- What’s On
Built as a glittering prize, then closed through war and exile, this flamboyant survivor is one of the last of the great waterfront mansions of the Bosphorus. A dense cloak of creeper enhances the house’s aura of mystery and romance. Patricia Daunt returns to the Bosphorus to reveal the story of the brilliant Zeki Pasha, army reformer and gifted linguist, and his stylish summer retreat. Photographs by Jean Marie del Moral and Simon Upton
When the house was built in 1895, it was denounced as unorthodox and astonishing. Other than the imperial summer palaces, which by the middle of the nineteenth century were all built dressed in stone, plaisances on the Bosphorus were still traditionally constructed of wood. Zeki Pasha’s yalı is uniquely built of reinforced carbon-dust brick blocks, sealed together with conventional cement mortar to resemble four towering walls of crazy paving.
These earthquake-resistent façades are symmetrically decorated with a profusion of Renaissance plaster mouldings, fixed around a medley of balconies and windows on all five storeys. An observatory is hidden behind a neoclassical balustrade on the roof. The late-nineteenth-century Europeanness of this surprising building is, however, contradicted by a pair of enchanting Ottoman porches with overhanging eaves, seemingly pinned onto the corners of the western facade. Double staircases run up to them from the garden. The paradox is contrived, even eccentric.
The man responsible for the flamboyant ensemble which was the envy of late-nineteenth-century Istanbul was Zeki Pasha, one of Abdülhamid II’s most trusted and able soldier-statesmen.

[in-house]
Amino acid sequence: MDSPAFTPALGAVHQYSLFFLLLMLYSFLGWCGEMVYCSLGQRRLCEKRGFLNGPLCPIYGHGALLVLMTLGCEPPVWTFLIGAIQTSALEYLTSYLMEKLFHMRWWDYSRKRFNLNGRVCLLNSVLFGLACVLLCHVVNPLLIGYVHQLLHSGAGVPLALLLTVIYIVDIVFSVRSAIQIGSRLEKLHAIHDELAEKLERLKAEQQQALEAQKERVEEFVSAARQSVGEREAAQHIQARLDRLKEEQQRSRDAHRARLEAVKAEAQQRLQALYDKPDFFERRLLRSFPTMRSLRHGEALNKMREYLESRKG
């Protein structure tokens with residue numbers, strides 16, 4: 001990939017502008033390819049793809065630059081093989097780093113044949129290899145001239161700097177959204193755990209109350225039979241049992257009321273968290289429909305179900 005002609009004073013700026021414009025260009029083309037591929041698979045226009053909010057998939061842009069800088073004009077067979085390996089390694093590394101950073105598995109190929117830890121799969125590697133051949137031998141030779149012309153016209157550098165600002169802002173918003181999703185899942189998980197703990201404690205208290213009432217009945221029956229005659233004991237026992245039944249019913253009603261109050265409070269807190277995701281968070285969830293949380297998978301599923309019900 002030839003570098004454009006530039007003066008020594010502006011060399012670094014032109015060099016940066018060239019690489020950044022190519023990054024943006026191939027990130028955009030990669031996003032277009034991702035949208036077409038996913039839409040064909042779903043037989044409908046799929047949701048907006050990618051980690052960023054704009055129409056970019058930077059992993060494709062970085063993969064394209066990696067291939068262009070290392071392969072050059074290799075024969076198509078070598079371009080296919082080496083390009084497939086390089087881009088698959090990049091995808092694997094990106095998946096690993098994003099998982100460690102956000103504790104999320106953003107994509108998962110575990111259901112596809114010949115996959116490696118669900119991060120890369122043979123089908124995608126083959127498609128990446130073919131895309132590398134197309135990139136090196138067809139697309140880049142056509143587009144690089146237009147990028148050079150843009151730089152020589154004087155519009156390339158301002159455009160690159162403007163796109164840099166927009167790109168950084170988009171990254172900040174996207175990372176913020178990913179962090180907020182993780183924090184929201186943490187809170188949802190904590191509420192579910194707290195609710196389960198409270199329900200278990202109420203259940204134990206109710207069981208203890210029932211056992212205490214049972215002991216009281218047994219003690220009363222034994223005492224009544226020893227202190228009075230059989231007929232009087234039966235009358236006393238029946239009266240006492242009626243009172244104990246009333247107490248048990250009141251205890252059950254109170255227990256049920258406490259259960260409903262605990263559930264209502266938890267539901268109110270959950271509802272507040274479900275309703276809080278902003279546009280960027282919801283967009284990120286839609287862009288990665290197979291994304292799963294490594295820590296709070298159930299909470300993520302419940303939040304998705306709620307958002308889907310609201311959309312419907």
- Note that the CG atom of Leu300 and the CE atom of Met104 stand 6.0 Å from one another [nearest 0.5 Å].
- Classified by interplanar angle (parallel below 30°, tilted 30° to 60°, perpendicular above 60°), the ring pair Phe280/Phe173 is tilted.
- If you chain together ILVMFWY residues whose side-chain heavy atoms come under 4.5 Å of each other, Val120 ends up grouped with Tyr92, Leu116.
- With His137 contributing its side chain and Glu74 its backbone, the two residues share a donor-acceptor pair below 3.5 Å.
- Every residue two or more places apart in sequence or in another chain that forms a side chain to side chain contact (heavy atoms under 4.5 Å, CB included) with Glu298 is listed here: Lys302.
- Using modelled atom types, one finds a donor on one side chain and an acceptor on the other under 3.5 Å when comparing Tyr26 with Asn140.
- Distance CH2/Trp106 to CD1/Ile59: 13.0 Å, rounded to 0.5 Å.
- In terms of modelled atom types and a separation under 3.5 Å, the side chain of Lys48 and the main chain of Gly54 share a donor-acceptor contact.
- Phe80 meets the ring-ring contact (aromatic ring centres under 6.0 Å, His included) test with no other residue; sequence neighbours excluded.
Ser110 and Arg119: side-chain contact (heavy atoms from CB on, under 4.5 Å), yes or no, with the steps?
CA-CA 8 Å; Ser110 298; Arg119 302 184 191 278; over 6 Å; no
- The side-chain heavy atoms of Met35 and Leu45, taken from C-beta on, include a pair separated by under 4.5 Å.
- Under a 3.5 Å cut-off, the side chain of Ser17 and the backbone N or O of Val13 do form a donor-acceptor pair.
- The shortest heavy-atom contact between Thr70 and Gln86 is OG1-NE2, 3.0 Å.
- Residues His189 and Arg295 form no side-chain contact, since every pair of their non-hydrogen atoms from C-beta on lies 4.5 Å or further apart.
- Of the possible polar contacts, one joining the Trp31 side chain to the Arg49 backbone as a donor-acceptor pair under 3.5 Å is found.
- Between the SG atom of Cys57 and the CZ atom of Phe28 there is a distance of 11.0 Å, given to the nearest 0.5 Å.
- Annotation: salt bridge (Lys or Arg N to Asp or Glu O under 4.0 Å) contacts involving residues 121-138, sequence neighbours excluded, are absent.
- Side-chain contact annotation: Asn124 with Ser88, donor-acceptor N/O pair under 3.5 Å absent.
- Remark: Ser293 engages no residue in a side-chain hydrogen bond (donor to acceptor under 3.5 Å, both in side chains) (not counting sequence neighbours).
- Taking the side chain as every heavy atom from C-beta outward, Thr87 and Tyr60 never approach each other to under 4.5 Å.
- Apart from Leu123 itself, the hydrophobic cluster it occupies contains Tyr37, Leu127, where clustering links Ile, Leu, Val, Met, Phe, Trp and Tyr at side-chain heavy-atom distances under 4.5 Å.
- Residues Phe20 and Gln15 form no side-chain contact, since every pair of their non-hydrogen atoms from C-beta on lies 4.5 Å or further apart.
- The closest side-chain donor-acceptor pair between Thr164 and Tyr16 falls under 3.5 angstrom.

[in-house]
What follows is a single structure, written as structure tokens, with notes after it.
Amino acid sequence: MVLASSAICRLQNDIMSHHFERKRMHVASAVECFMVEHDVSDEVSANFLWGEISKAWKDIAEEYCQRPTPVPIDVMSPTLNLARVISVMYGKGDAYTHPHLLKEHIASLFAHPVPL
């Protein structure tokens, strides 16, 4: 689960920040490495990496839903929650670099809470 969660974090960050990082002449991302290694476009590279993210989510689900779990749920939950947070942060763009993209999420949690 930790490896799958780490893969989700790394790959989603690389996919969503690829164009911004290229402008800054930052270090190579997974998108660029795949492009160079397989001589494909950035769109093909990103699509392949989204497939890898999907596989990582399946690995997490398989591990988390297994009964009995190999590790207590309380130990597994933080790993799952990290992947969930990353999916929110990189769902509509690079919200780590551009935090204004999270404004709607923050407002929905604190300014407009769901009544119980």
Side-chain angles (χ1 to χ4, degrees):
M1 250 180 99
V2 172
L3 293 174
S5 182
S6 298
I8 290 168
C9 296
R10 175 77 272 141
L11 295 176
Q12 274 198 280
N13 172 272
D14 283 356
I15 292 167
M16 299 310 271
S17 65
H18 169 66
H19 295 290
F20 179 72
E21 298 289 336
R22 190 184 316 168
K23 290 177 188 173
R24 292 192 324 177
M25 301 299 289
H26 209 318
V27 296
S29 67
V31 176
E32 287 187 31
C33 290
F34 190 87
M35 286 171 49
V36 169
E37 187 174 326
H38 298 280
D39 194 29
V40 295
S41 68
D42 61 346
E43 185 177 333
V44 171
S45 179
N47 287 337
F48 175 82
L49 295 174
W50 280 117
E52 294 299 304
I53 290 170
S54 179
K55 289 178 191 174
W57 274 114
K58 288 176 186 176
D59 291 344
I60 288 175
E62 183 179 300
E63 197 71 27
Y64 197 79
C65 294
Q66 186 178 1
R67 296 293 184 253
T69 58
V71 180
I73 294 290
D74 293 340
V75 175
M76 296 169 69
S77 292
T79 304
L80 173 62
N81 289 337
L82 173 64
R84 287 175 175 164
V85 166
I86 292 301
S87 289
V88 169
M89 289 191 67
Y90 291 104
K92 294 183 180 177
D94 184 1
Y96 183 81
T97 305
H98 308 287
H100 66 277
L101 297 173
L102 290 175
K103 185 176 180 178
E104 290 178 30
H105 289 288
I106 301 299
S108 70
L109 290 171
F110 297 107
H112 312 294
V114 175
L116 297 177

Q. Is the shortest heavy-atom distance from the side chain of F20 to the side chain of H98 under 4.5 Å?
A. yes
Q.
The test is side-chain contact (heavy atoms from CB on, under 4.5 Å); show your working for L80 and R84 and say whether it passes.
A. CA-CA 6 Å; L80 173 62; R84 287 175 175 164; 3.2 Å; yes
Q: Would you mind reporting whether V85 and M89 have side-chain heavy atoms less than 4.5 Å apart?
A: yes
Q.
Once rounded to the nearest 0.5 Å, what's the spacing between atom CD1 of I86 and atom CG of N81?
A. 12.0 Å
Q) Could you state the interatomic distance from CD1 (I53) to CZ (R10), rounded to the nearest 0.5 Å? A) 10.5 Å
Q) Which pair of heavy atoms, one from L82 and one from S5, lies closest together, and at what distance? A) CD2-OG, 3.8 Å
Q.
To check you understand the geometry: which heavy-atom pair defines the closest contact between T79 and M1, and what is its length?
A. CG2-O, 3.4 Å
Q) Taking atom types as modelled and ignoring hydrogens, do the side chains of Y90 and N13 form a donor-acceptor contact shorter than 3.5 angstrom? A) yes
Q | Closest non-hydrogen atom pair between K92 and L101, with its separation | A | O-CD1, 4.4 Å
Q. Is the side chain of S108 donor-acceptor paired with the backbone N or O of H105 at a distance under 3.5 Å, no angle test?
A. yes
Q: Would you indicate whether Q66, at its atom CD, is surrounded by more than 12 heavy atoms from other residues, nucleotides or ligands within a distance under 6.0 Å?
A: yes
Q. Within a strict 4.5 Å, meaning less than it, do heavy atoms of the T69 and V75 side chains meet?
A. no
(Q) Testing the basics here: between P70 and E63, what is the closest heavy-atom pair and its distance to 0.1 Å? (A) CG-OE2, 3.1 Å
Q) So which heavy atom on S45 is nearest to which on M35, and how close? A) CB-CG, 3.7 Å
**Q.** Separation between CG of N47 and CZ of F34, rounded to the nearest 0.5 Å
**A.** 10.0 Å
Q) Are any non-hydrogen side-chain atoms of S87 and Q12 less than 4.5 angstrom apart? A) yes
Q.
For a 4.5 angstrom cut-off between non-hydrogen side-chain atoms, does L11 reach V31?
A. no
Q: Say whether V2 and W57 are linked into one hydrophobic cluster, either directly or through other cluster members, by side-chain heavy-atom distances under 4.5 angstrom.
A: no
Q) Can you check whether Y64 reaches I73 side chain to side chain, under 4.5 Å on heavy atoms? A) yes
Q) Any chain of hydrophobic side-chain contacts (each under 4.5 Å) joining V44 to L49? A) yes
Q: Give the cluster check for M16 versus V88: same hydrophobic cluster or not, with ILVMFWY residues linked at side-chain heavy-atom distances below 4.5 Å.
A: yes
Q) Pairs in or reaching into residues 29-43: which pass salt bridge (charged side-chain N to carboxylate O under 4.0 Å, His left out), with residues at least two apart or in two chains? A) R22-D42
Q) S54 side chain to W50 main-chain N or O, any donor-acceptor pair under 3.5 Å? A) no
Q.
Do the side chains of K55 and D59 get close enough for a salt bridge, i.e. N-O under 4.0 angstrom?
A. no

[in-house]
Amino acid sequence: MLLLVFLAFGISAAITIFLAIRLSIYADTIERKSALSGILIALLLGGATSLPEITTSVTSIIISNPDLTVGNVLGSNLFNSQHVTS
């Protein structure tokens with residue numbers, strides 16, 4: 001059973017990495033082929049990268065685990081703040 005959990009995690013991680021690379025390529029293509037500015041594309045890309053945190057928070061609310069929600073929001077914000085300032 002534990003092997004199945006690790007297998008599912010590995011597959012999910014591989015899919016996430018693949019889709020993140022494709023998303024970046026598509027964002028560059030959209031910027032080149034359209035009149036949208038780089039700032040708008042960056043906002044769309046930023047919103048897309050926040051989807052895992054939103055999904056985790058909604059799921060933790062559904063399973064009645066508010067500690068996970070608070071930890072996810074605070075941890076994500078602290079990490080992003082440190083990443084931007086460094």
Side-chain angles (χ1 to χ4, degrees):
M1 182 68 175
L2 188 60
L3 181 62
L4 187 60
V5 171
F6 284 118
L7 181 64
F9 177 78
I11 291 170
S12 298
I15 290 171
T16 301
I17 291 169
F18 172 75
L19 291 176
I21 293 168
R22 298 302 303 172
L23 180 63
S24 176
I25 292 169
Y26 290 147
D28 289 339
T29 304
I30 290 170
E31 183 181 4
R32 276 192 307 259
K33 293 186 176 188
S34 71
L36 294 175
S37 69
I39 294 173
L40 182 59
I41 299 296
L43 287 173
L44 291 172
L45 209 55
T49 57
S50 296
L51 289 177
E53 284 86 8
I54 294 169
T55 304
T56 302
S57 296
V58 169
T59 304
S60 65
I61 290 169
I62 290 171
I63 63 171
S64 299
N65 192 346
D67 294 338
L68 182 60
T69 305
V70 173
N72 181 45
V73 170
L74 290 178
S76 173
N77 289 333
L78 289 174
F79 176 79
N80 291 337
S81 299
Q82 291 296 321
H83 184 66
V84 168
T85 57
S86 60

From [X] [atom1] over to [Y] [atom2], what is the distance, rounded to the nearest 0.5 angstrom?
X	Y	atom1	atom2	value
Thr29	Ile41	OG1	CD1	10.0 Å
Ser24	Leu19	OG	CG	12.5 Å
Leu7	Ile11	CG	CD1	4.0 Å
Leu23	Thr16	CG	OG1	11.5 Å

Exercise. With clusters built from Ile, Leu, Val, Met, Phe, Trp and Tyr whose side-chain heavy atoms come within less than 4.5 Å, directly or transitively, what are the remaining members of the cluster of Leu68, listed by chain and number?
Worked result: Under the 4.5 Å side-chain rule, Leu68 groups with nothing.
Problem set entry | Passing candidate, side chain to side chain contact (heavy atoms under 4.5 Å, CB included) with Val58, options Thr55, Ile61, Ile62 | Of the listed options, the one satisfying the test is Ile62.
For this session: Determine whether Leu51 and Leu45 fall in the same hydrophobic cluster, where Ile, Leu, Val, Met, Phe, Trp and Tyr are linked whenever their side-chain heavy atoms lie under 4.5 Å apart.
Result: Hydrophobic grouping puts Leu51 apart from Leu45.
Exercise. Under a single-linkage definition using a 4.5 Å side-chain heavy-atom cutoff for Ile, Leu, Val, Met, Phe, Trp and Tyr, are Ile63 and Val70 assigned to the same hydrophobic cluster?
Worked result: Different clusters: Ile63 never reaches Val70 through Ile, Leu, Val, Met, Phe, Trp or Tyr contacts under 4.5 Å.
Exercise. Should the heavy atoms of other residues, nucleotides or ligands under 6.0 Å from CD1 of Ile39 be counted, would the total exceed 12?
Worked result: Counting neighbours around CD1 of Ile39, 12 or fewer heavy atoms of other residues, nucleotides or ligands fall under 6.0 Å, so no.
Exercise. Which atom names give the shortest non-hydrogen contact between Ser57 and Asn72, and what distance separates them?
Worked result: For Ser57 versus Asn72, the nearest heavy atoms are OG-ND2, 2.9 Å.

Cornucopia celebrates Turkey’s 75th birthday with 40 pages of photographs by Ara Güler and John Brunton and articles by Norman Stone and David Barchard. It was the century of Turkey’s birth, of unprecedented peace and hard-won prosperity. In just 75years, Turkey has come a long way.
When, on that autumn day in 1923, the Turkish Republic was first proclaimed, its capital, Ankara, could hardly have looked less like the capital of a large country.
The memoirs of Frederick Courtney Selous, naturalist, explorer and probably the greatest of all the African hunters of the nineteenth century, recall his hunting expeditions in Turkey. His book East and West: Sport and Travel has been translated into Turkish by Derin Türkömer, a passionate hunter himself, who describes his hero’s adventures
The towering peaks and rolling foothills of Turkey’s LakeDistrict simply take one’s breath away. Eğirdir, at the heart of Anatolia’s majestic Lake District and the midpoint of a triangle of mountains, is great trekking country.
The Greeks and Romans, who appreciated cauliflower for its sobering effect, were particularly fond of the magnificent cauliflowers of Cyprus, with their tasty creamy-white florets.
Deniz Kizi Eftalya, chanteuse
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